Marty Leberman continues to have the best analysis of the NSA’s wiretap program. Go read “What Was “The Program” Before Goldsmith and Comey?” In “Putting the Pieces Together” he also explains how the criminal wiretaps led to the appointment of Gonzales to clean the DOJ of libertarians like Ashcroft.

893 Million, and Whadda Ya Get?

♫Another DHS network, and we’re not sharing yet.♫

So reports Haft of the Spear, in “You’ll Share and You’ll Like It!

The Homeland Security and Justice departments have spent $893 million on information-sharing networks in the last two years but still do not have effective networks in place, according to a report from the Government Accountability Office.

Admittedly, there are more problems in sharing intelligence data than there are in sharing breach data. The fear of change runs deep, as does our unwillingness to give up control of the little bits of data we can see. It would be funny, if it wasn’t so painful.

The War on Cash?

cross-of-gold.jpgThere’s a war on cash? Who knew? Dave Birch uses the phrase in “More from the war on cash” without a whole lot of surprise. Here he’s quoting a McKinsey study. (Unsurprisingly, you need to login to read it.)

I liked this gem:

Cash needs to be priced appropriately. The fact is that, today, the pricing of cash is not in line with its costs. Consumers and merchants in most countries do not pay the real cost of cash, and so merchants and consumers have no reason to reduce their use of cash. One problem is that there is no clear ownership of cash. Another is that governments often position cash as a public good — to be offered free by banks — thereby inhibiting an economic debate on cash versus other instruments.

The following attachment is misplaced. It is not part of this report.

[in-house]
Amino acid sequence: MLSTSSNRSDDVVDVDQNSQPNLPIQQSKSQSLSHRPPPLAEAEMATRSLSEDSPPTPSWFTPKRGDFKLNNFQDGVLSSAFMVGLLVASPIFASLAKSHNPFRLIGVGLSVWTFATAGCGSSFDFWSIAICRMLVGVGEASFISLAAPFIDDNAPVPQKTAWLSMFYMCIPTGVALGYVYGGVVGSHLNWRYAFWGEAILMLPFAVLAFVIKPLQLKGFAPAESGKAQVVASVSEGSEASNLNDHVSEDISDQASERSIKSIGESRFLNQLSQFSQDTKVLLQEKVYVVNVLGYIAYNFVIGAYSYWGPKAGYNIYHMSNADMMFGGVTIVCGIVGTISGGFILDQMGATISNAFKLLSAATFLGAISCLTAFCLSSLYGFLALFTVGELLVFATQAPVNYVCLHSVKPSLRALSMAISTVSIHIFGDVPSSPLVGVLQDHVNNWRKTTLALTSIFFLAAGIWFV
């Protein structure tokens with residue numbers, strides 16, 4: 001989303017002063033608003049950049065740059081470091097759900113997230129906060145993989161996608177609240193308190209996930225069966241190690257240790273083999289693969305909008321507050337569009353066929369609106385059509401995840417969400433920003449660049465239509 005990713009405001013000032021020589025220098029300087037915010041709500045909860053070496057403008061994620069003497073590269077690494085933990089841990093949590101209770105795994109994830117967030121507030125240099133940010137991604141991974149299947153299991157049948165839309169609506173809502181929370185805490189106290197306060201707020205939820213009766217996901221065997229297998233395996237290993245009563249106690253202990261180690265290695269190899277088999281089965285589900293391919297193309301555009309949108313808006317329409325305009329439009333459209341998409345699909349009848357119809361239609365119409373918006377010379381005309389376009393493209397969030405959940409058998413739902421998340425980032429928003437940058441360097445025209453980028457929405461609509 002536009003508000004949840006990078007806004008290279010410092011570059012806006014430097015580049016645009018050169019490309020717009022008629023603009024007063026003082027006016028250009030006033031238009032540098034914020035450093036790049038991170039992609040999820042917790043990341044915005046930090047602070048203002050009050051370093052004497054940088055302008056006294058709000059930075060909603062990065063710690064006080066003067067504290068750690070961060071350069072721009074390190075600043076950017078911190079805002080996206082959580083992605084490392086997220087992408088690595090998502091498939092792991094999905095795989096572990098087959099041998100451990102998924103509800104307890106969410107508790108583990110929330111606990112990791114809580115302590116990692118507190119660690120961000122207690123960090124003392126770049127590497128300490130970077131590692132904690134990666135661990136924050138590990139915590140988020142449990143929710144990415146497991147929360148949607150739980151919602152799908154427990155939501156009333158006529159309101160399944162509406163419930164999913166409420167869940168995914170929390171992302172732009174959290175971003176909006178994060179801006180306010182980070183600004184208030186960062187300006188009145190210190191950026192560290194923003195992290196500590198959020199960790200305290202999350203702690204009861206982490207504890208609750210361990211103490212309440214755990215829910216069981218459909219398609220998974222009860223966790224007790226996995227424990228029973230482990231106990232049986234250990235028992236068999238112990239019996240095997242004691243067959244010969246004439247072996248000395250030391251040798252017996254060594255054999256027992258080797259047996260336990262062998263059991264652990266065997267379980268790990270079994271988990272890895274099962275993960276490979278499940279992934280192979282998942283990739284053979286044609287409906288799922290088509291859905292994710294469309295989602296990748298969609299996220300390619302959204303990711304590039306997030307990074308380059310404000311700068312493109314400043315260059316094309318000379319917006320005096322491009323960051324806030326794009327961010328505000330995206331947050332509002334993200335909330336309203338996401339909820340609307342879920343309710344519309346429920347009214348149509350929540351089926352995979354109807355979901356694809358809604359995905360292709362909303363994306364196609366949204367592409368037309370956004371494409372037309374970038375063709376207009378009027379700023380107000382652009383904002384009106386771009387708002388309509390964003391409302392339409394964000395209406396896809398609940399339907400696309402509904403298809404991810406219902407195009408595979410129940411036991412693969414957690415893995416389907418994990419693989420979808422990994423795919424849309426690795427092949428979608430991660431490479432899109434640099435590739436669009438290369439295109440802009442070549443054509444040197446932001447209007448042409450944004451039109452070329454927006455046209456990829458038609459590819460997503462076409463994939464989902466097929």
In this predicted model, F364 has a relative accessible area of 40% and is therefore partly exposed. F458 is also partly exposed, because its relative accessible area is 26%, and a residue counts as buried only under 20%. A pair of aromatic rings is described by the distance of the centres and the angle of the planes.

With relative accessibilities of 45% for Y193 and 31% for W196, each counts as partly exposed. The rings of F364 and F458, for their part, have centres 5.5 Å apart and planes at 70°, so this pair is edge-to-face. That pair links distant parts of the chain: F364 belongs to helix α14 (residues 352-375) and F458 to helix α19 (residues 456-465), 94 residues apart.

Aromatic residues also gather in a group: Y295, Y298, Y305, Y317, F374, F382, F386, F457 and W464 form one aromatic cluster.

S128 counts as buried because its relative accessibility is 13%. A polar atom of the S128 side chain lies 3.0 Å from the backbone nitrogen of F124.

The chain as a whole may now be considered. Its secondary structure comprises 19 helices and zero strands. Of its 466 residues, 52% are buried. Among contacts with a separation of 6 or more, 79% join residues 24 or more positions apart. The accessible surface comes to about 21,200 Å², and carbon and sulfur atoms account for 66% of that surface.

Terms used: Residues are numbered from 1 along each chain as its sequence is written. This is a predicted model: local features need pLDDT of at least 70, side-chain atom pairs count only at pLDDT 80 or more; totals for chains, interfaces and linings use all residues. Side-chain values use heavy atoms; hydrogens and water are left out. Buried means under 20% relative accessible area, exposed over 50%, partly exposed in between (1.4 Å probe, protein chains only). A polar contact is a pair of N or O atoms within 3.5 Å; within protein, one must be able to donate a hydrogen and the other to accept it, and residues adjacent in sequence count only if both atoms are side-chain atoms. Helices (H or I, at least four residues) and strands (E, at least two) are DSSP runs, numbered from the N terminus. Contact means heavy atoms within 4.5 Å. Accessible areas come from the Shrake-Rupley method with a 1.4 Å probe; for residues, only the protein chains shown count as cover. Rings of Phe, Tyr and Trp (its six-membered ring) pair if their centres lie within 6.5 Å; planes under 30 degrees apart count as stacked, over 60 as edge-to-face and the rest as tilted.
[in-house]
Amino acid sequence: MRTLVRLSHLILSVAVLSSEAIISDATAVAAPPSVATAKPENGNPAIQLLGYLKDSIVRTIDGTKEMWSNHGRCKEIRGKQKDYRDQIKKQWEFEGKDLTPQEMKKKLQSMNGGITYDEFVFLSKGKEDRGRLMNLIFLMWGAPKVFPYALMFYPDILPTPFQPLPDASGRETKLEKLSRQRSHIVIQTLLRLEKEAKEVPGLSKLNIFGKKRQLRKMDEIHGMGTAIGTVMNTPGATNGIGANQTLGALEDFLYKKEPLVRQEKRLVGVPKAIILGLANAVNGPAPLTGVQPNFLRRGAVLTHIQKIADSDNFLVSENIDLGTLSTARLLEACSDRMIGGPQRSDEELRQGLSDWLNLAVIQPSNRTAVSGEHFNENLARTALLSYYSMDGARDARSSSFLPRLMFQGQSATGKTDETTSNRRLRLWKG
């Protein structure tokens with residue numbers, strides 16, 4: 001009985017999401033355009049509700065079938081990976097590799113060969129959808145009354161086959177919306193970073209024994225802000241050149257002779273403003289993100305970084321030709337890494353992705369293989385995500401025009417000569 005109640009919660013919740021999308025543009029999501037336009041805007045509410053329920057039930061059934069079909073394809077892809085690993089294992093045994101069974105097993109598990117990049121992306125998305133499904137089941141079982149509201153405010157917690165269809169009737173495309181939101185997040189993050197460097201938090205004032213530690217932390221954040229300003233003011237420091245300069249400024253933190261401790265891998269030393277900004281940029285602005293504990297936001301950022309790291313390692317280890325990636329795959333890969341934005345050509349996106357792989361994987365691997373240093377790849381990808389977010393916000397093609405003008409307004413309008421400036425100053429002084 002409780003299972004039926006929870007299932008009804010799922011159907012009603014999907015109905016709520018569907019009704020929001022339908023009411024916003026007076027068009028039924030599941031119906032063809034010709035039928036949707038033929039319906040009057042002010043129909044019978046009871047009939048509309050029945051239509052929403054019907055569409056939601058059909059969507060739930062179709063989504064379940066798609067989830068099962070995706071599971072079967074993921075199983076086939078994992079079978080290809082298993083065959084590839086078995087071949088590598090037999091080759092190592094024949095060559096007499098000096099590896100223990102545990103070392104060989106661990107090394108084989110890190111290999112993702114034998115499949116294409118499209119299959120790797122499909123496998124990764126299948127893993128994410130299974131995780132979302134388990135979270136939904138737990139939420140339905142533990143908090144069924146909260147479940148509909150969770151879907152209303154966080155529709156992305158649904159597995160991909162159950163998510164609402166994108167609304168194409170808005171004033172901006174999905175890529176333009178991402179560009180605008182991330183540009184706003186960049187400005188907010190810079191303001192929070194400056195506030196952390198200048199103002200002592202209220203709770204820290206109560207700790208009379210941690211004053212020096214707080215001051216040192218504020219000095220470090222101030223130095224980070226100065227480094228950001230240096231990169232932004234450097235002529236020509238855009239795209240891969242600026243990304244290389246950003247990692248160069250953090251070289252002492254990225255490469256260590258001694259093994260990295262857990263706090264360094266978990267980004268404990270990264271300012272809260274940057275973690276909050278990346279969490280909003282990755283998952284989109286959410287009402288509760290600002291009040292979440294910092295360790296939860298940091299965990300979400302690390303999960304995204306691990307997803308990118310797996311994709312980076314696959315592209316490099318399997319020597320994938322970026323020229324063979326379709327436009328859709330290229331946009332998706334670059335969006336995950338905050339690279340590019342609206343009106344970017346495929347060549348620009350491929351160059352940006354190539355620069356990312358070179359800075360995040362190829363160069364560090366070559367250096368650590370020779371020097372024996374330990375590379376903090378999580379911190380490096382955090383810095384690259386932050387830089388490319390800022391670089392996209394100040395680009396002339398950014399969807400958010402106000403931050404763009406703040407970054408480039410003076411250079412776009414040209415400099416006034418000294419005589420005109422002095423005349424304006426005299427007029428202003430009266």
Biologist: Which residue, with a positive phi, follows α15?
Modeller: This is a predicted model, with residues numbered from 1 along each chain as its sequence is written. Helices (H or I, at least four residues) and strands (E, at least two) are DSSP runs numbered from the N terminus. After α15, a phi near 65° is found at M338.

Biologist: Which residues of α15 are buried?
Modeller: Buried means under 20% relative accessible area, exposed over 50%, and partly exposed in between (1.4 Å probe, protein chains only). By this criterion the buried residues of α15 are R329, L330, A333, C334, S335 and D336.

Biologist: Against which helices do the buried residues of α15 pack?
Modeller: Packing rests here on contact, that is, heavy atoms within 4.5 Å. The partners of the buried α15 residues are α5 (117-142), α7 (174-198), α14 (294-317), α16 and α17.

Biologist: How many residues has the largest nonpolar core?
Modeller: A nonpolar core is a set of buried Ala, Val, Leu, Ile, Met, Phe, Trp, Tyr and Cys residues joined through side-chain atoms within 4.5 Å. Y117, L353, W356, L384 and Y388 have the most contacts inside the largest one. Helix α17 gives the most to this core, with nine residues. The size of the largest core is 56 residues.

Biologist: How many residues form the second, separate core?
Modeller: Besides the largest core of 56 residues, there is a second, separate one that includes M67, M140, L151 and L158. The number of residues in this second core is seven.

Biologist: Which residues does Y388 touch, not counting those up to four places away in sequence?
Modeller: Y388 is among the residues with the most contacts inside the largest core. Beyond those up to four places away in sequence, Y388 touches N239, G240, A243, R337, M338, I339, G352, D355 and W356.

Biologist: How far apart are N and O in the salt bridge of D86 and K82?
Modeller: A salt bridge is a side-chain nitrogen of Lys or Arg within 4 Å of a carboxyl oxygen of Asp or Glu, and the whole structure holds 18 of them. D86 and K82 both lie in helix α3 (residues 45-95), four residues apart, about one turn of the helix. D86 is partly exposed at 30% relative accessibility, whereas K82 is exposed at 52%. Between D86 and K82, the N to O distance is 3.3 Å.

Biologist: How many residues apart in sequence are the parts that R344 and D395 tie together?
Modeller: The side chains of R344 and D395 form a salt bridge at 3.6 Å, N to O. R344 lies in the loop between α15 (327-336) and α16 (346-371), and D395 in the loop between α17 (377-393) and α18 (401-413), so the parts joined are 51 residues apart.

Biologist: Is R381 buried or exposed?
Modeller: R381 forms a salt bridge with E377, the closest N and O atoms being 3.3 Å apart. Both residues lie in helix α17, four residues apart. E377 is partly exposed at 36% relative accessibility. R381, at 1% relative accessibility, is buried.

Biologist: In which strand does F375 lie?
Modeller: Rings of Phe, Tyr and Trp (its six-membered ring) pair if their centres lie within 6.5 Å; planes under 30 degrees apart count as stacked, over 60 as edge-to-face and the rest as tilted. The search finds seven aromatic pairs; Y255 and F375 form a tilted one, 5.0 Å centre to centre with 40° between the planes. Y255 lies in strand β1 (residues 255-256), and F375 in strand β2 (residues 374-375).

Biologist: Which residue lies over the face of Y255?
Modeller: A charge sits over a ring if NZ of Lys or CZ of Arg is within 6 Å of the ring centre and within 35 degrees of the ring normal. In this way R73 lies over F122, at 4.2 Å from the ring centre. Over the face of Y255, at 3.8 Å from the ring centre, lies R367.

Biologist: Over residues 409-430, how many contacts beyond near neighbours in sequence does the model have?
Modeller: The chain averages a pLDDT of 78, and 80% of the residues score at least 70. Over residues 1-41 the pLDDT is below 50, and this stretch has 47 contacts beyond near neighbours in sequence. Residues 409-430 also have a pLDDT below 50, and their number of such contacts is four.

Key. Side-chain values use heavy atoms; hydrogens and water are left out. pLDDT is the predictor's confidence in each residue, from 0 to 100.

That’s a problem now, is it? While I agree that cash having government backing creates a barrier to entry, cash is also a highly evolved product, and the risks are assigned reasonably efficiently. This is in stark contrast to some newer payment methods, like credit cards, which may be “efficient,” but carry surprising side effects, like “Buy Gas, Get Busted for Pedophilia.”

Having the government provide a means for a reasonable functioning economy, and removing the costs of worrying about the gold content of a coin, or the solvency of DavidBucks adds huge efficiencies. There’s quite a few things that I’d take the government out of before I took them out of coining currency. (Know thy customer regulations, for example.)

To put it another way:

…we believe that the right to coin money and issue money is a function of government. We believe it. We believe it is a part of sovereignty and can no more with safety be delegated to private individuals than can the power to make penal statutes or levy laws for taxation.

Photo: Cross of gold, courtesy of Ewtn Religious

[Updated: Clarified that the quote was McKinsey, not David Birch.]